Significant Penalties for LOTO Violations
Lockout/tagout ranked fifth on OSHA's list of the Top Ten most-violated standards during fiscal year 2017. There were 2,877 violations of 1910.147 during that fiscal year, an OSHA Directorate of Enforcement official announced during the 2017 National Safety Council Congress & Expo. (During the 2018 Congress & Expo, OSHA announced that LOTO also ranked fifth in fiscal 2018, with 2,944 citations issued during that fiscal year.)

The agency frequently announces LOTO enforcement actions with large penalties:

  • OSHA announced an enforcement case with $107,168 in proposed penalties Oct. 1, 2018, against an Ohio plastics manufacturer that allegedly exposed employees to amputation hazards. One citation ($12,934 in penalties) alleges the company committed a serious violation by not ensuring periodic inspections of the energy control procedure were conducted at least annually on three hydraulic presses, and that employees didn't follow all steps required for control of hazardous energy before they changed dies in the presses. Another citation in the case, with an identical penalty, alleges a serious violation of 29 CFR 1910.147(d) at the facility because the established procedure for application of energy control did not cover the actions listed in that section of the standard and were not done in sequence as it requires. OSHA also cited the company for a repeat violation, with $71,137 in penalties assessed, for not providing adequate training to ensure employees understood the purpose and function of the energy control program. OSHA had cited the company for the same violation once before, with the citation affirmed as a final order in August 2015.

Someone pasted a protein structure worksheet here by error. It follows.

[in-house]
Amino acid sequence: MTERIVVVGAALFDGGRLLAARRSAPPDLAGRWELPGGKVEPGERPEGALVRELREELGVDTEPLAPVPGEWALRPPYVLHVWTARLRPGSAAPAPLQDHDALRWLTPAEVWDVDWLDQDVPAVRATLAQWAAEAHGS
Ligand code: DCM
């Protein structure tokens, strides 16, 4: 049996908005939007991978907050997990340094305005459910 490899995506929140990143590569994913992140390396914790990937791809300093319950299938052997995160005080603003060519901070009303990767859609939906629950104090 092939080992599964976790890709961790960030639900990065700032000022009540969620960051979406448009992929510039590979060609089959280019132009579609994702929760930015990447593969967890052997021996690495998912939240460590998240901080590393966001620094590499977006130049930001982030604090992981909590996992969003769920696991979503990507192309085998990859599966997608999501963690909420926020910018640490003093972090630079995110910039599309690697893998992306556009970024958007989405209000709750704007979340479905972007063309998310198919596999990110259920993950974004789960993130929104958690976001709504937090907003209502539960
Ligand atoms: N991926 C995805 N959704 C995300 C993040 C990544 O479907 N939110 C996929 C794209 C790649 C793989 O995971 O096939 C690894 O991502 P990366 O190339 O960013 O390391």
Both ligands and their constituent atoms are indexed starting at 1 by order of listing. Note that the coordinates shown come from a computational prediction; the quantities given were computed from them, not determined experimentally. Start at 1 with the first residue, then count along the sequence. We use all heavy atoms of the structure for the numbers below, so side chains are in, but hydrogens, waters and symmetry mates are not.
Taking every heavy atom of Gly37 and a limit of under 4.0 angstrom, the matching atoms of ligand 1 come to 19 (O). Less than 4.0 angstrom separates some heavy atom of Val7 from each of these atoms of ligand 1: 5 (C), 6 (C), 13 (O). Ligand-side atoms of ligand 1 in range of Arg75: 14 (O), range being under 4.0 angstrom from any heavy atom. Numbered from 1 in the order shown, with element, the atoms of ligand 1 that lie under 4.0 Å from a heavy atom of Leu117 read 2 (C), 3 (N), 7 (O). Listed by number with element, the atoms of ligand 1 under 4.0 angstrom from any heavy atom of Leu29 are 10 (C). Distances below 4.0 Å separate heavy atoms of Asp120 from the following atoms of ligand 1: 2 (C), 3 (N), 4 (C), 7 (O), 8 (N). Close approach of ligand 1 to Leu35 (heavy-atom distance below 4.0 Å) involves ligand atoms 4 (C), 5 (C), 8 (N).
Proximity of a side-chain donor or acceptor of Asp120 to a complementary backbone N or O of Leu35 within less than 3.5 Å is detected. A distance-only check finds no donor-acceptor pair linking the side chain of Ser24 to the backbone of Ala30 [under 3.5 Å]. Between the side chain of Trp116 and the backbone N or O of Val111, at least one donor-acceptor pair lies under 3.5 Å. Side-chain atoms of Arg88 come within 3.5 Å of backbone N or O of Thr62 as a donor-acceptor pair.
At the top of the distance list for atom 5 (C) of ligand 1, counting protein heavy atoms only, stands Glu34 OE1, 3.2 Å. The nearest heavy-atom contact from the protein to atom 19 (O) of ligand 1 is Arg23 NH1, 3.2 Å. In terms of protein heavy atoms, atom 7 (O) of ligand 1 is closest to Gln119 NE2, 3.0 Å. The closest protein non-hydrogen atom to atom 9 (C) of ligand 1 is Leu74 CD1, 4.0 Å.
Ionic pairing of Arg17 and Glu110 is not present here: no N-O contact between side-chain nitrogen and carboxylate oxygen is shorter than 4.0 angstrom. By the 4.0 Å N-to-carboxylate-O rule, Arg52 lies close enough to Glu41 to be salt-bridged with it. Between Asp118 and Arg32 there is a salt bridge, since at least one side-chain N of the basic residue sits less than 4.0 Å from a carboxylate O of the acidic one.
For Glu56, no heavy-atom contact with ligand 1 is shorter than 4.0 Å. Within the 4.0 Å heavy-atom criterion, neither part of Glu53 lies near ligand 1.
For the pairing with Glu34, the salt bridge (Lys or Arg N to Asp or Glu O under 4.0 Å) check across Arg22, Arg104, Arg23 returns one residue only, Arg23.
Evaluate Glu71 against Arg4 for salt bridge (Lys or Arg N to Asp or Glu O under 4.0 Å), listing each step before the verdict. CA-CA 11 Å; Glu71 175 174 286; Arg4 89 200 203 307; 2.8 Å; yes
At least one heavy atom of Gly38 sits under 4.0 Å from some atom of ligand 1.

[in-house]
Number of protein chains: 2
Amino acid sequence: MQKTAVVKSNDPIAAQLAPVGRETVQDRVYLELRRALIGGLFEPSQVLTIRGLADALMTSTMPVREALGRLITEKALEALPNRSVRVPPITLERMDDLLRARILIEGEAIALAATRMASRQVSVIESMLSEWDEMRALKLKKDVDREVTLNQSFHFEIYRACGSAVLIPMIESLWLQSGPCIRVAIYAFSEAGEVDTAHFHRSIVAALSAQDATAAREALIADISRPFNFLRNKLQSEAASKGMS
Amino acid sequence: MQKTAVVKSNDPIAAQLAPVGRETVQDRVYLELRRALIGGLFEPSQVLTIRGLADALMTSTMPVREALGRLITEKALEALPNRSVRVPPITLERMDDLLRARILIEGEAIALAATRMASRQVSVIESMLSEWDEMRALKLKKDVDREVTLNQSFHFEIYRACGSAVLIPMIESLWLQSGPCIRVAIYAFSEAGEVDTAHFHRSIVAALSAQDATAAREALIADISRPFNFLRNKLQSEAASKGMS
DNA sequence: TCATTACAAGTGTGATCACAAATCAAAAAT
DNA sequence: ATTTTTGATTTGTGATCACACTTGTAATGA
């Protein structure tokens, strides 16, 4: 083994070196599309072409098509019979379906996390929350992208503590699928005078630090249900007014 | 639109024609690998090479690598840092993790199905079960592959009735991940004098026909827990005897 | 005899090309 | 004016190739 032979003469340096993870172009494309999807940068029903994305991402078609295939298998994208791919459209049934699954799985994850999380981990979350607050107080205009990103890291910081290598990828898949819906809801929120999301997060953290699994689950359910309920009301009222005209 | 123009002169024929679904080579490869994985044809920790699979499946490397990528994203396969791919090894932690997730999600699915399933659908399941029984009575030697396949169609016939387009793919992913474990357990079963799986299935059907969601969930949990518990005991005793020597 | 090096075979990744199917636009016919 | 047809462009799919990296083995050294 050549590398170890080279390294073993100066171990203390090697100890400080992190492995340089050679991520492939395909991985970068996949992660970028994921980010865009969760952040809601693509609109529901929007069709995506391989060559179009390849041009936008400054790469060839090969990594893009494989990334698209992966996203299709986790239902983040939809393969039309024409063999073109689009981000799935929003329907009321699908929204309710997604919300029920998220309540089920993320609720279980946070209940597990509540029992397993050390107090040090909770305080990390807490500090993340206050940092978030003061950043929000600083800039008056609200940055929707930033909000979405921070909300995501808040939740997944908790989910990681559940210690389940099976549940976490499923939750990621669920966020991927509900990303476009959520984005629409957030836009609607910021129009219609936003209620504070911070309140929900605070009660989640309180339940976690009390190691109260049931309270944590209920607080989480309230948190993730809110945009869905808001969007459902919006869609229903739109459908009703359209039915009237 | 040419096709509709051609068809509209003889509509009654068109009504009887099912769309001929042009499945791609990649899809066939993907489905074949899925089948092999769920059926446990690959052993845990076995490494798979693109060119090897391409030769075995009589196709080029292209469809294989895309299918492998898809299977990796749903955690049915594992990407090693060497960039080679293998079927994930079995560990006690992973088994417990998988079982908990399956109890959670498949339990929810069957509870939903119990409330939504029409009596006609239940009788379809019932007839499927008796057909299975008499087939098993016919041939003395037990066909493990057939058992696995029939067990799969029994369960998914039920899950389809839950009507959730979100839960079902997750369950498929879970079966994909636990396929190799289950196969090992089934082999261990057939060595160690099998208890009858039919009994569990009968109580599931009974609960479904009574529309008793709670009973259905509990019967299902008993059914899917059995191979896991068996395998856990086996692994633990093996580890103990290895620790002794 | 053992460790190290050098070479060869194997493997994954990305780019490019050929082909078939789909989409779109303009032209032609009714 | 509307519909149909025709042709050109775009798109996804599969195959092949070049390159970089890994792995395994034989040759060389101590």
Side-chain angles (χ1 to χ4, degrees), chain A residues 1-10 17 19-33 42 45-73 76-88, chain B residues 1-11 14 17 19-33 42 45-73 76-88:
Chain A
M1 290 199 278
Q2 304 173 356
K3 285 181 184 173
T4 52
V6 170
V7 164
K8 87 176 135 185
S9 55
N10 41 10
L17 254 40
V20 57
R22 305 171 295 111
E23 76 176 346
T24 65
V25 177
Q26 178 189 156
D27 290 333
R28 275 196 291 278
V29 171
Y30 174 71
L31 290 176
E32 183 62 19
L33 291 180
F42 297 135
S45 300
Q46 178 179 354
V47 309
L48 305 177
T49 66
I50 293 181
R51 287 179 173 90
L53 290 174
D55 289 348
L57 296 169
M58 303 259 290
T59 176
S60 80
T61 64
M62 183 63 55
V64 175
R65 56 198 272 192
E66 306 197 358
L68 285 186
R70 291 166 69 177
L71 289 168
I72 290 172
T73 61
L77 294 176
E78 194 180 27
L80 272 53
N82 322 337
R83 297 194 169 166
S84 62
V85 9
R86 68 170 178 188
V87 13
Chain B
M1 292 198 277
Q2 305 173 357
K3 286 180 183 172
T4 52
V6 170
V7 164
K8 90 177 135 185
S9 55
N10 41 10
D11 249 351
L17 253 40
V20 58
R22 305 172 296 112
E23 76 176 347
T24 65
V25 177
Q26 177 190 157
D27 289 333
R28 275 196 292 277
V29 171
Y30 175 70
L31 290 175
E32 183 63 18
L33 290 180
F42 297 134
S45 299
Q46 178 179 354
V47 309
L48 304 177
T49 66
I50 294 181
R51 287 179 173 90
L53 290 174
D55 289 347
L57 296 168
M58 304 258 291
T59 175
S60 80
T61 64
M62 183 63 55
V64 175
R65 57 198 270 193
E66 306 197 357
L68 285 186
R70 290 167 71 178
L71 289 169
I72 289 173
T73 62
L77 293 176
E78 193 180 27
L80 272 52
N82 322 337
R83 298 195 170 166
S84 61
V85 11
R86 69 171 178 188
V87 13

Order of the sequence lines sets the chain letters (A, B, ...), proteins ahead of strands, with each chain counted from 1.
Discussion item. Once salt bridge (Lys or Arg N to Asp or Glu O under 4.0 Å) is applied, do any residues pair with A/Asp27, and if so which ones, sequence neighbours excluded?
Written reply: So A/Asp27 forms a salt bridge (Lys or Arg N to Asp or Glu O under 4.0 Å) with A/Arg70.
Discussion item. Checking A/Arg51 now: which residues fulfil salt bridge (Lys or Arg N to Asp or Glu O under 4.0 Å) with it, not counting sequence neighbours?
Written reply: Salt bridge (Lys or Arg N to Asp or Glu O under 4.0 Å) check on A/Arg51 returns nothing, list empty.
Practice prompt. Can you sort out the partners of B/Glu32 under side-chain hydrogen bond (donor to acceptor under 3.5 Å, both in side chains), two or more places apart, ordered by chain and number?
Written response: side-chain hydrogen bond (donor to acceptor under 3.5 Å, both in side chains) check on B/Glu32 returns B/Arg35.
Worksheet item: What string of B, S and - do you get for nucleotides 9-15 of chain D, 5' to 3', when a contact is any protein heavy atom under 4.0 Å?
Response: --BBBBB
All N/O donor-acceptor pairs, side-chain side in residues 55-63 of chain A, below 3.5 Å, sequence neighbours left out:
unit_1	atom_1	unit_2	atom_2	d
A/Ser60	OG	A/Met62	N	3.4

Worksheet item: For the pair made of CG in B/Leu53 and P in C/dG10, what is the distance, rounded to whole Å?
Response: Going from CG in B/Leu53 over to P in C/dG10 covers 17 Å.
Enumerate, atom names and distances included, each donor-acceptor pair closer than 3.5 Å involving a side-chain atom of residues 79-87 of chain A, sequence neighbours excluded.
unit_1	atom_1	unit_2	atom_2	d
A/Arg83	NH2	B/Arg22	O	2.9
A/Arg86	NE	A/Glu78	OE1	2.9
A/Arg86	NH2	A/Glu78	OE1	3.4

• Another enforcement case announced in October 2018 brought even larger proposed penalties against a pet food manufacturer in New Jersey, a total of $152,829, for similar violations, along with other violations related to fall protection, respiratory protection, and powered industrial trucks. OSHA asserted that the manufacturer failed to develop, document, and utilize procedures for controlling hazardous energy when employees were engaged in servicing or maintenance on blend mixing machinery and the associated electric and pneumatic equipment.
  • An enforcement case announced Sept. 27 against a Wisconsin company mainly concerned machine guarding violations and fall hazards, but OSHA also cited the employer for not developing lockout/tagout procedures as required, not de-energizing a machine prior to an employee's attempt to clear a jam, and not implementing the necessary energy control measures—machine isolation, applying a LOTO device, dissipating residual energy, and verifying machine isolation—to protect the worker. Penalties proposed in this case totaled $221,726.


This article originally appeared in the December 2018 issue of Occupational Health & Safety.